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Spanish and Service-Learning: Pedagogy and Praxis
Alice Weldon and Gretchen Trautmann
Vol. 86, No. 3 (Sep., 2003), pp. 574-585
Stable URL: http://www.jstor.org/stable/20062910
Page Count: 12
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An increasing number of Spanish instructors are turning to service-learning to enhance student learning especially in oral comprehension, conversation, and cultural understanding. Even in areas with a relatively small, but rapidly expanding, Latino population, it is possible and desirable to place students in direct contact with native Spanish speakers, through links between the university and various community agencies. Evidence is mounting that when service-learning is well-planned and monitored and pedagogically tied to specific academic goals, objectives, methods, and assessment, it can be a significant tool in reaching ACTFL's "standards for foreign language learning". Using analysis of self-assessment of students at the University of North Carolina-Asheville, who worked in the local public health department, this article reports a discussion of the degree to which those standards, known as the "five C's"--communicating, cultures, connections, comparisons, communities--were met.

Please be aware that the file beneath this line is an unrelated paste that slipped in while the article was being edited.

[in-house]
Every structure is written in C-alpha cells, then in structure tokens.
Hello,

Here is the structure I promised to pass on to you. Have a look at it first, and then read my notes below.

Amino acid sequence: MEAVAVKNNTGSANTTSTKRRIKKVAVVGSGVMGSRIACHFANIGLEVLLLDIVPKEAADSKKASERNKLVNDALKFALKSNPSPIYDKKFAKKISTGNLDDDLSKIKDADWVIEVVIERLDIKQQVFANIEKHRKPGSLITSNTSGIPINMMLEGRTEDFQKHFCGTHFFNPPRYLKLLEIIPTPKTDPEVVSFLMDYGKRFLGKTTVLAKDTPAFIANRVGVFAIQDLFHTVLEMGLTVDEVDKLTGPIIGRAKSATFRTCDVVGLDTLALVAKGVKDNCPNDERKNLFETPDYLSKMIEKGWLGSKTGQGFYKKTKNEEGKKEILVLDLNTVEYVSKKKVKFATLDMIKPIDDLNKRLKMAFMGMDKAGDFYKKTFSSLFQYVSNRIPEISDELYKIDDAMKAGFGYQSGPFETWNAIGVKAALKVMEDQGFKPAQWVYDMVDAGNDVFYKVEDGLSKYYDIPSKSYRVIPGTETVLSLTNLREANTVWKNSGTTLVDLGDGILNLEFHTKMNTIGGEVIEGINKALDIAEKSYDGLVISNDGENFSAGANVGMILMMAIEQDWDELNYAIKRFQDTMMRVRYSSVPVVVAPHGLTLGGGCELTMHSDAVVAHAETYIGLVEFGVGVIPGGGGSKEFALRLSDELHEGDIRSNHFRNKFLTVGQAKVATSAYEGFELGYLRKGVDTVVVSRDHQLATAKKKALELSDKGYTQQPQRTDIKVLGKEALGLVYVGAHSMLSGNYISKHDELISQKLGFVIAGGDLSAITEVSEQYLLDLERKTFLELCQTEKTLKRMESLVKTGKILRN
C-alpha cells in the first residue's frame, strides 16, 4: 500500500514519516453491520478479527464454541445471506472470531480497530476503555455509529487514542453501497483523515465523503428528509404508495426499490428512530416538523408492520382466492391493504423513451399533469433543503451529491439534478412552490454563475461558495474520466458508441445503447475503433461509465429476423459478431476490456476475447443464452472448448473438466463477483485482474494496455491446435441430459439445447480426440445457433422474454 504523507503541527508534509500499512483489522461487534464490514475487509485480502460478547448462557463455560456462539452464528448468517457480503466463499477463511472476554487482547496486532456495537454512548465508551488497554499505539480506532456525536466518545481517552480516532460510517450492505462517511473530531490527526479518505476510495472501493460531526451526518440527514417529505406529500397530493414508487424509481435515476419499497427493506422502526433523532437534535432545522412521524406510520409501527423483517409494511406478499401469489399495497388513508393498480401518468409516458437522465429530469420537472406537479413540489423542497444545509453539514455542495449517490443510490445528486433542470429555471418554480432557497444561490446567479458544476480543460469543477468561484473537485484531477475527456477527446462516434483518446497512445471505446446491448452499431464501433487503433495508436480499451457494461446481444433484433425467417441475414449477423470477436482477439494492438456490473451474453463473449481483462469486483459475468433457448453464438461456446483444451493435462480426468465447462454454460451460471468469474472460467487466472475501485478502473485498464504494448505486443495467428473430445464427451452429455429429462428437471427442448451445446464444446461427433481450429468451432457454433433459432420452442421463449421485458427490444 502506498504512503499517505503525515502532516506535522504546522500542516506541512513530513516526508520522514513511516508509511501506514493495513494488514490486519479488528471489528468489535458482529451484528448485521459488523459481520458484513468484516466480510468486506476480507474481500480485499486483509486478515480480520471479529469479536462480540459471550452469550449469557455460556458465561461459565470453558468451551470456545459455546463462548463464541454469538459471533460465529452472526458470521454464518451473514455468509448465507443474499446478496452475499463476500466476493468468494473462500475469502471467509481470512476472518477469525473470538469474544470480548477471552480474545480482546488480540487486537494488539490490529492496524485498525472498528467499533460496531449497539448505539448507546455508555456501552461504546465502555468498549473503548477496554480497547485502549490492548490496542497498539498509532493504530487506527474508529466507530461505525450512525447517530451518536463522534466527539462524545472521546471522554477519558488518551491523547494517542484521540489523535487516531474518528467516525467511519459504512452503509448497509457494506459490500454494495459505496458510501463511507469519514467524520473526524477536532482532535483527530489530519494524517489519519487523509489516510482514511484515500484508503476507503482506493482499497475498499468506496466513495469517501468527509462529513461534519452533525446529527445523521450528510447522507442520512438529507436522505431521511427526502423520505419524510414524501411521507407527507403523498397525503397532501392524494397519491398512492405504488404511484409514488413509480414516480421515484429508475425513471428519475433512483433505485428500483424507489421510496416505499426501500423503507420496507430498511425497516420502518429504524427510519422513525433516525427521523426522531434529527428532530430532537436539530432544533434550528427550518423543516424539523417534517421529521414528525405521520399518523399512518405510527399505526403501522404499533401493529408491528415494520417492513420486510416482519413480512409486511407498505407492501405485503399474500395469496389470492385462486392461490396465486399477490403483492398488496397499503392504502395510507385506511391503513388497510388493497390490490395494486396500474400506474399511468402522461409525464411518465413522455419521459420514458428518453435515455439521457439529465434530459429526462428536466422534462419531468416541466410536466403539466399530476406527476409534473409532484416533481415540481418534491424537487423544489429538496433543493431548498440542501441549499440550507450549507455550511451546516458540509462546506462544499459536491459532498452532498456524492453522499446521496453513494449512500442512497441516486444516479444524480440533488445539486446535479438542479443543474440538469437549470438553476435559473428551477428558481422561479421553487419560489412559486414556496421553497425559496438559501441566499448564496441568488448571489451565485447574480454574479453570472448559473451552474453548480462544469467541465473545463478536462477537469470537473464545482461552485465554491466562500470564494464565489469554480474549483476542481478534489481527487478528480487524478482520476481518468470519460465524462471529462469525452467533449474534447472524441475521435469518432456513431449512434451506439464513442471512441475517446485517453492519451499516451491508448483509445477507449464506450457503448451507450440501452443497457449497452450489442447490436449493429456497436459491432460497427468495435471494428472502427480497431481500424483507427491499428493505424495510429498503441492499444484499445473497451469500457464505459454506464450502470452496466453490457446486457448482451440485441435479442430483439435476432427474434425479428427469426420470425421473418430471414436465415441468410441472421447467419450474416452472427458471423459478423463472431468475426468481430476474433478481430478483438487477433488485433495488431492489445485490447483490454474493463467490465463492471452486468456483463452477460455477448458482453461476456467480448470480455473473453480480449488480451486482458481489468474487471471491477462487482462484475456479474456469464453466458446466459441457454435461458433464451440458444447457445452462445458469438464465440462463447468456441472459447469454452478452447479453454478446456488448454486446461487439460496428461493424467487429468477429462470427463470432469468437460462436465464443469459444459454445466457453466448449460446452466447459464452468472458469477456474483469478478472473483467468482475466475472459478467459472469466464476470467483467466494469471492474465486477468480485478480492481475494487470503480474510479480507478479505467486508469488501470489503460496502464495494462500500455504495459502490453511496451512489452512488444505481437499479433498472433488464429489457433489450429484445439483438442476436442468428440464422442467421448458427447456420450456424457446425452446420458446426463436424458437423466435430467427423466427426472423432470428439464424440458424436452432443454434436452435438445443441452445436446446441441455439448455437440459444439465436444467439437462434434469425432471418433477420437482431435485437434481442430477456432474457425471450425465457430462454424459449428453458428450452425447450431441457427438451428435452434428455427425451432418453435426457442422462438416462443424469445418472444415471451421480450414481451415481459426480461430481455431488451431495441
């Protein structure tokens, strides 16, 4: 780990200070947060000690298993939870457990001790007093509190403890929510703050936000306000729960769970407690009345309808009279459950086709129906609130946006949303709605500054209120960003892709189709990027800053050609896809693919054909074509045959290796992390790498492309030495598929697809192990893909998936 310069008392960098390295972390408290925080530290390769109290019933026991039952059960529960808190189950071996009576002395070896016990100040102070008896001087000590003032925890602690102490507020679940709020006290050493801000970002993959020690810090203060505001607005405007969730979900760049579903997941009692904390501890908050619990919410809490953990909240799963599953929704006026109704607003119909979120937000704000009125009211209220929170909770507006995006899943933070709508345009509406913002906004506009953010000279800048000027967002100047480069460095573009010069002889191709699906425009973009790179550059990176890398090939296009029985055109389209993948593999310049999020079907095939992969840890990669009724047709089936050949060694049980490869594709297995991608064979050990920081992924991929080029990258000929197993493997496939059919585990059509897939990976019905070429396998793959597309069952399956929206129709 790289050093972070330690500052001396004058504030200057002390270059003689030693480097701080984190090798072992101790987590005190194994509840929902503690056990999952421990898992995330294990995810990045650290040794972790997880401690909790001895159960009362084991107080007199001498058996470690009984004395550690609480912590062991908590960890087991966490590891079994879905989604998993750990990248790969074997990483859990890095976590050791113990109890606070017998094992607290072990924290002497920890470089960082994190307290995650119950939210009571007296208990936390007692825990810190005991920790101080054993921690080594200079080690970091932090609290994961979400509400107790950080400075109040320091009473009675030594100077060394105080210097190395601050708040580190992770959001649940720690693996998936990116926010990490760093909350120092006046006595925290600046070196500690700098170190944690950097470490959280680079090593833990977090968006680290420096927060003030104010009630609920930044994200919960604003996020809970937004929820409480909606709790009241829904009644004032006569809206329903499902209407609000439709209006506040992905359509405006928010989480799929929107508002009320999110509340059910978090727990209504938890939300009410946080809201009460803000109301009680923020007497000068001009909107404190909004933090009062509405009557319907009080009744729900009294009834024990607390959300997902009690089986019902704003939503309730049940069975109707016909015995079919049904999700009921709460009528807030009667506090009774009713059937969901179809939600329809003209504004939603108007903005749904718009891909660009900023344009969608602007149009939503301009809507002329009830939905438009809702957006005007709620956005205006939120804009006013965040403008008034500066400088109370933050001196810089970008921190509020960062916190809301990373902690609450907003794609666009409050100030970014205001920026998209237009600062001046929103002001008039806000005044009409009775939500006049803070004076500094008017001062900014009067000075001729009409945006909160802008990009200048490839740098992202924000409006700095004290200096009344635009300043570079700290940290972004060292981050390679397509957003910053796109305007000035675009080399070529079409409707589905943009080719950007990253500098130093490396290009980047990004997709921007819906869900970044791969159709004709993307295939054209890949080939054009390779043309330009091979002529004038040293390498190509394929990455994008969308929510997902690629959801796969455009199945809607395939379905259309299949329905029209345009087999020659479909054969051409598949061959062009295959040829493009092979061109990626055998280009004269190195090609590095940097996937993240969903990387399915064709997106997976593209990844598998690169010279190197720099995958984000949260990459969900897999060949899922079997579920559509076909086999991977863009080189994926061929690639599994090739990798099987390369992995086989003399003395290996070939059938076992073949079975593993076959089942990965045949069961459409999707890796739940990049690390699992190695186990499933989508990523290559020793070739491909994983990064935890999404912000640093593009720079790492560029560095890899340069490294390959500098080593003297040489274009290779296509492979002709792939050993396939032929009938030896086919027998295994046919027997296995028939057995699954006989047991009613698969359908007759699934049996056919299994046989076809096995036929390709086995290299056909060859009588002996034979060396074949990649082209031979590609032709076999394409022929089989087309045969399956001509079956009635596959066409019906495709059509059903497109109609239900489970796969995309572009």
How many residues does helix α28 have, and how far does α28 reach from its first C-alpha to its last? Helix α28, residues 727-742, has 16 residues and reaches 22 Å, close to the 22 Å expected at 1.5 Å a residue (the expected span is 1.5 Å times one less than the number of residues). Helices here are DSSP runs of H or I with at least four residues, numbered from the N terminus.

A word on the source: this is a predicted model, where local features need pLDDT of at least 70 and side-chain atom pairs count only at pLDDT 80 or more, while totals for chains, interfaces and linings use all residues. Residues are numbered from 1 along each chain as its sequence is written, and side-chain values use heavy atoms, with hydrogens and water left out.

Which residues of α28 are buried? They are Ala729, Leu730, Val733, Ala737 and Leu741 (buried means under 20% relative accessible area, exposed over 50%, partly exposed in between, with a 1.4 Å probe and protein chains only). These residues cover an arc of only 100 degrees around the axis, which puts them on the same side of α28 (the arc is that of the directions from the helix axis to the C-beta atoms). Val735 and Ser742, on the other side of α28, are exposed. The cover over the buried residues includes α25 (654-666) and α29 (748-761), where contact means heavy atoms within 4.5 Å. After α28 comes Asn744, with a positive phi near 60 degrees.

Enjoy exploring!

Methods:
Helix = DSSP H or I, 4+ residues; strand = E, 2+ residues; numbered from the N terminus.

Hispania © 2003 American Association of Teachers of Spanish and Portuguese